We probably wouldn’t have a Digital Age without silicon.
The second most abundant element in the Earth’s crust (oxygen is No. 1), silicon is cheap and has the ability to conduct electricity and/or act as an insulator. Converted into silicon wafers, it powers the computers, smartphones and other electronic devices we use to work and, importantly, to avoid work. So clearly silicon is indispensable.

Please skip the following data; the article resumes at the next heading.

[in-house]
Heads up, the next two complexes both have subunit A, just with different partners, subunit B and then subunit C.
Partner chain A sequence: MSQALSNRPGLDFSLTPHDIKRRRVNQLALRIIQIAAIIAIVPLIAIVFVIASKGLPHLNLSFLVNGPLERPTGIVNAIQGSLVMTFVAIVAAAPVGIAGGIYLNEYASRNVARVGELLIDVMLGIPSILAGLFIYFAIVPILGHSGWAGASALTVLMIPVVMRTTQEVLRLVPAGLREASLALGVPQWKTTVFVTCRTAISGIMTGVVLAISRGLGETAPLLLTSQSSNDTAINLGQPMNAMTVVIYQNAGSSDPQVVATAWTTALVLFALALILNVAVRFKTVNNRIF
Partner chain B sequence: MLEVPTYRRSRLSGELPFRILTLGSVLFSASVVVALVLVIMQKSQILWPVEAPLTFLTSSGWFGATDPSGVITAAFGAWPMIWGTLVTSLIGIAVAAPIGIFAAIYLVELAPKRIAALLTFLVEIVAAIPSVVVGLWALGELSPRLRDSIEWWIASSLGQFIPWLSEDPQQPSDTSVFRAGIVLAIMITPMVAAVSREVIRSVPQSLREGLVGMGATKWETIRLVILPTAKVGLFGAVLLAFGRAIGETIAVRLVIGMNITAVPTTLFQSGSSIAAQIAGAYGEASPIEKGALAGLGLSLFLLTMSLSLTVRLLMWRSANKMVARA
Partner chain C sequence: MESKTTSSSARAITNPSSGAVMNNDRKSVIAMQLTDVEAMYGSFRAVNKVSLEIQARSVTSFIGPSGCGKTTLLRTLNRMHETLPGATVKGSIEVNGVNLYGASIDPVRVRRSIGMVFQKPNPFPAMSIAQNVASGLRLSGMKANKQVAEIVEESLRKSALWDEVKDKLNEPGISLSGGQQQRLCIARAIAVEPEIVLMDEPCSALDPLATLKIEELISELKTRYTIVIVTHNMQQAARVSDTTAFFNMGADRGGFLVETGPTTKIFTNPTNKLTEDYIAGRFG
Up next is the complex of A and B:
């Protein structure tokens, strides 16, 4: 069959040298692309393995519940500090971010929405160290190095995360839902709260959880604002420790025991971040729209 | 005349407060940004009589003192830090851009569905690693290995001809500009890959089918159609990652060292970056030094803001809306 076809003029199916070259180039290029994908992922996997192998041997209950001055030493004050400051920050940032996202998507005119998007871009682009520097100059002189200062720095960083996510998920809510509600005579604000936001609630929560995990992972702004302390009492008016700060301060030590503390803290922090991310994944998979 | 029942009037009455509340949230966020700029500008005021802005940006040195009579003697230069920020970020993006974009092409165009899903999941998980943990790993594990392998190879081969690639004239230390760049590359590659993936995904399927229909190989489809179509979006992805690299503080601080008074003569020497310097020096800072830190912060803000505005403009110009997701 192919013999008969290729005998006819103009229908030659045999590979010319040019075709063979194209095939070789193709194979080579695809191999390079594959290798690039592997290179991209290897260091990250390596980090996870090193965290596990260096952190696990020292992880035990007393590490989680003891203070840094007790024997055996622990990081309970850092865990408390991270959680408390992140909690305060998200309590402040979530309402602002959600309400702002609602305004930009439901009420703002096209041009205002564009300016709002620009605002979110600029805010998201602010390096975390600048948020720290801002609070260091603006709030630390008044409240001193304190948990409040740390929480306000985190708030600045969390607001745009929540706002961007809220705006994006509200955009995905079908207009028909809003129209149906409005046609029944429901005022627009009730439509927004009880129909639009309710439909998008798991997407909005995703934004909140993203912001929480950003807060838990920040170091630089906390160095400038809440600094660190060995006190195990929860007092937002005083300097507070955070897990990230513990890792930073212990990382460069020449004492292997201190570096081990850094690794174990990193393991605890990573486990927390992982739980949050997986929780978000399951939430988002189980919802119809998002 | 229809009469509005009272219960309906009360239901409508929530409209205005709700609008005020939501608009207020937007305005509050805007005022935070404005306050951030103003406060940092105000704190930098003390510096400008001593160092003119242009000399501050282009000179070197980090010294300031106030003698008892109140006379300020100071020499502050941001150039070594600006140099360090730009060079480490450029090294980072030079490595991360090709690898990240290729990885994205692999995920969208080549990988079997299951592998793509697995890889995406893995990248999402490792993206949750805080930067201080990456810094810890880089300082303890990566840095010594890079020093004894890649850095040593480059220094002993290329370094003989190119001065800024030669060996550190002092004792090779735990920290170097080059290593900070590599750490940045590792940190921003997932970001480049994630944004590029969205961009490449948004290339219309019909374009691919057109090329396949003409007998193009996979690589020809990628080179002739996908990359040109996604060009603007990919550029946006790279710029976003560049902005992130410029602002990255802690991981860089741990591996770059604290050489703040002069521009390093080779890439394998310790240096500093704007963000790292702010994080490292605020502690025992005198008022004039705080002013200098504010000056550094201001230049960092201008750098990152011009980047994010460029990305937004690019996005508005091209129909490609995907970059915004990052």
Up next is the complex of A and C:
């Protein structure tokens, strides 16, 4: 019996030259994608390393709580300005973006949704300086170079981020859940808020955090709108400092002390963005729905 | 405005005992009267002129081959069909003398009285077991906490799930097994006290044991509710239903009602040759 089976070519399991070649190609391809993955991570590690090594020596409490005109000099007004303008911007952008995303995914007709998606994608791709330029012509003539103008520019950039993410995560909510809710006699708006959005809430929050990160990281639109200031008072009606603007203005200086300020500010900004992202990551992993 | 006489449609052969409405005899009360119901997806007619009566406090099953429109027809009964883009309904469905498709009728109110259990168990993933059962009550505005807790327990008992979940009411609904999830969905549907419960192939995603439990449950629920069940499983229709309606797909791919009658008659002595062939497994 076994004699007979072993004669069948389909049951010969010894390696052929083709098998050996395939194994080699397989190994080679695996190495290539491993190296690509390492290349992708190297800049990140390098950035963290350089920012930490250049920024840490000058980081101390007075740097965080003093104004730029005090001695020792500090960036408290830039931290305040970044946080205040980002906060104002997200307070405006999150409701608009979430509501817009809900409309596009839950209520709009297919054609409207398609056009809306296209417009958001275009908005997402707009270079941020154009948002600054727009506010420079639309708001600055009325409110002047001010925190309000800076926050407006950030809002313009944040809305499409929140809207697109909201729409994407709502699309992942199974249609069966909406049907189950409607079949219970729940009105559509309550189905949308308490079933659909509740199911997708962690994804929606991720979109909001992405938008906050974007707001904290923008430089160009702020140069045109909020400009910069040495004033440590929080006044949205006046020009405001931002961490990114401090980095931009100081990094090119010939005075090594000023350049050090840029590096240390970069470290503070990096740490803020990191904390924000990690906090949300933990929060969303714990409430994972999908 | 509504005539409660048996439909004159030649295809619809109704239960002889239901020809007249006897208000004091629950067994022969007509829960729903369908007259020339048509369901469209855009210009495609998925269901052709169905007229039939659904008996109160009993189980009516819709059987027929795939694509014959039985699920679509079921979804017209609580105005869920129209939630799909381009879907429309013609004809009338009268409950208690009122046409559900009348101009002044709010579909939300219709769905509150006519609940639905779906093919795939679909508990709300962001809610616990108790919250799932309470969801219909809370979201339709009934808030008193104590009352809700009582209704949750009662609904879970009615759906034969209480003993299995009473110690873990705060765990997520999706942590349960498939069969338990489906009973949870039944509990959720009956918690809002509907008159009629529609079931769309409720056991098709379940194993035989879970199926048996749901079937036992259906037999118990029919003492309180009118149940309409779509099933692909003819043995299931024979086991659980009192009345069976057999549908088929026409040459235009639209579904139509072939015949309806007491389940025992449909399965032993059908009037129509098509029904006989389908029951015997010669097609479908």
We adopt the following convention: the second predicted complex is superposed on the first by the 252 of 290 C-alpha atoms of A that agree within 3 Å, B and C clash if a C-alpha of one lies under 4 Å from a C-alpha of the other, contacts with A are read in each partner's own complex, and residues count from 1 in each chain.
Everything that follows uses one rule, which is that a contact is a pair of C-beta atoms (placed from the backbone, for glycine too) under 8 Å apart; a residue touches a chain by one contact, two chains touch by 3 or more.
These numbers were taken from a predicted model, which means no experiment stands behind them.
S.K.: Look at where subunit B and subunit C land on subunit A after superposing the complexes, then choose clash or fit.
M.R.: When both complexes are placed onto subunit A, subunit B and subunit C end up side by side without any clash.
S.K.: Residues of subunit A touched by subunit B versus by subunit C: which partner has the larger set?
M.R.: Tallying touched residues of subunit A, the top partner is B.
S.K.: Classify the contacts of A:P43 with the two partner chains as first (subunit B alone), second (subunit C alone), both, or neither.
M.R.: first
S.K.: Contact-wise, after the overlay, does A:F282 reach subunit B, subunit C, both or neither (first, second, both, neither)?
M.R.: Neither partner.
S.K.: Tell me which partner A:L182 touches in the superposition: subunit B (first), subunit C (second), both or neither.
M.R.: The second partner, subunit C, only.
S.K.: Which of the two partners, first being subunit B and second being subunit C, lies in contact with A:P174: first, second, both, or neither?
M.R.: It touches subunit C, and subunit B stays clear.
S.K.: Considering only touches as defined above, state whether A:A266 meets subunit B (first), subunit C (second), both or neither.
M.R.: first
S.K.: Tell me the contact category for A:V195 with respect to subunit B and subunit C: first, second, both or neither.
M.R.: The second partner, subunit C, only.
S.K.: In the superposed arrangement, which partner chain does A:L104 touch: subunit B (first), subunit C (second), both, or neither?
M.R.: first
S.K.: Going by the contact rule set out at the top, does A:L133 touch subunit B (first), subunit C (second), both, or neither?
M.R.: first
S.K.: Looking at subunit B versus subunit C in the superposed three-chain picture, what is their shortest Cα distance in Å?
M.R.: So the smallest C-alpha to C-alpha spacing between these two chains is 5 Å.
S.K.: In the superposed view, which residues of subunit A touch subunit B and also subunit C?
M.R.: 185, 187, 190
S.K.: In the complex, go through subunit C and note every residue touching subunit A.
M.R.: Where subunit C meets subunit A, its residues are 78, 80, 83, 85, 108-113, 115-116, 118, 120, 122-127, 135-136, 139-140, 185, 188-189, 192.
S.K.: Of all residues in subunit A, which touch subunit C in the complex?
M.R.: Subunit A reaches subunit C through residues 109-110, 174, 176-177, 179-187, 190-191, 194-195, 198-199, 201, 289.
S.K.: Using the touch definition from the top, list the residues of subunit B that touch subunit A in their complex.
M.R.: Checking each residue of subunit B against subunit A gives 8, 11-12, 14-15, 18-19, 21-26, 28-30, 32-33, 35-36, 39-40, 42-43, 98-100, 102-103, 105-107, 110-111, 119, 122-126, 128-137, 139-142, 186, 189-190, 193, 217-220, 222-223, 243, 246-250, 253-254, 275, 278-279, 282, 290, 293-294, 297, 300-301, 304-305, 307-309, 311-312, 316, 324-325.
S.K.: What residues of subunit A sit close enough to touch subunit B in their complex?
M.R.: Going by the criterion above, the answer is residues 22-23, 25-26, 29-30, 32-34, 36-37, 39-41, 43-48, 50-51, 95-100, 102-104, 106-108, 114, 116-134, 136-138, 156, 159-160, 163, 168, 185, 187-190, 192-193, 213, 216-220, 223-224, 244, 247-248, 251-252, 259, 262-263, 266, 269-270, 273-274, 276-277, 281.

Or maybe not. Our insatiable demand for more and more data, along with the need to store it, is pushing the limits of what silicon can deliver in terms of speed, density, and security. In a bid to find a worthy successor to silicon-based memory devices, MIT physicists are zeroing in something called antiferromagnets.
Source:: Network World – Data Center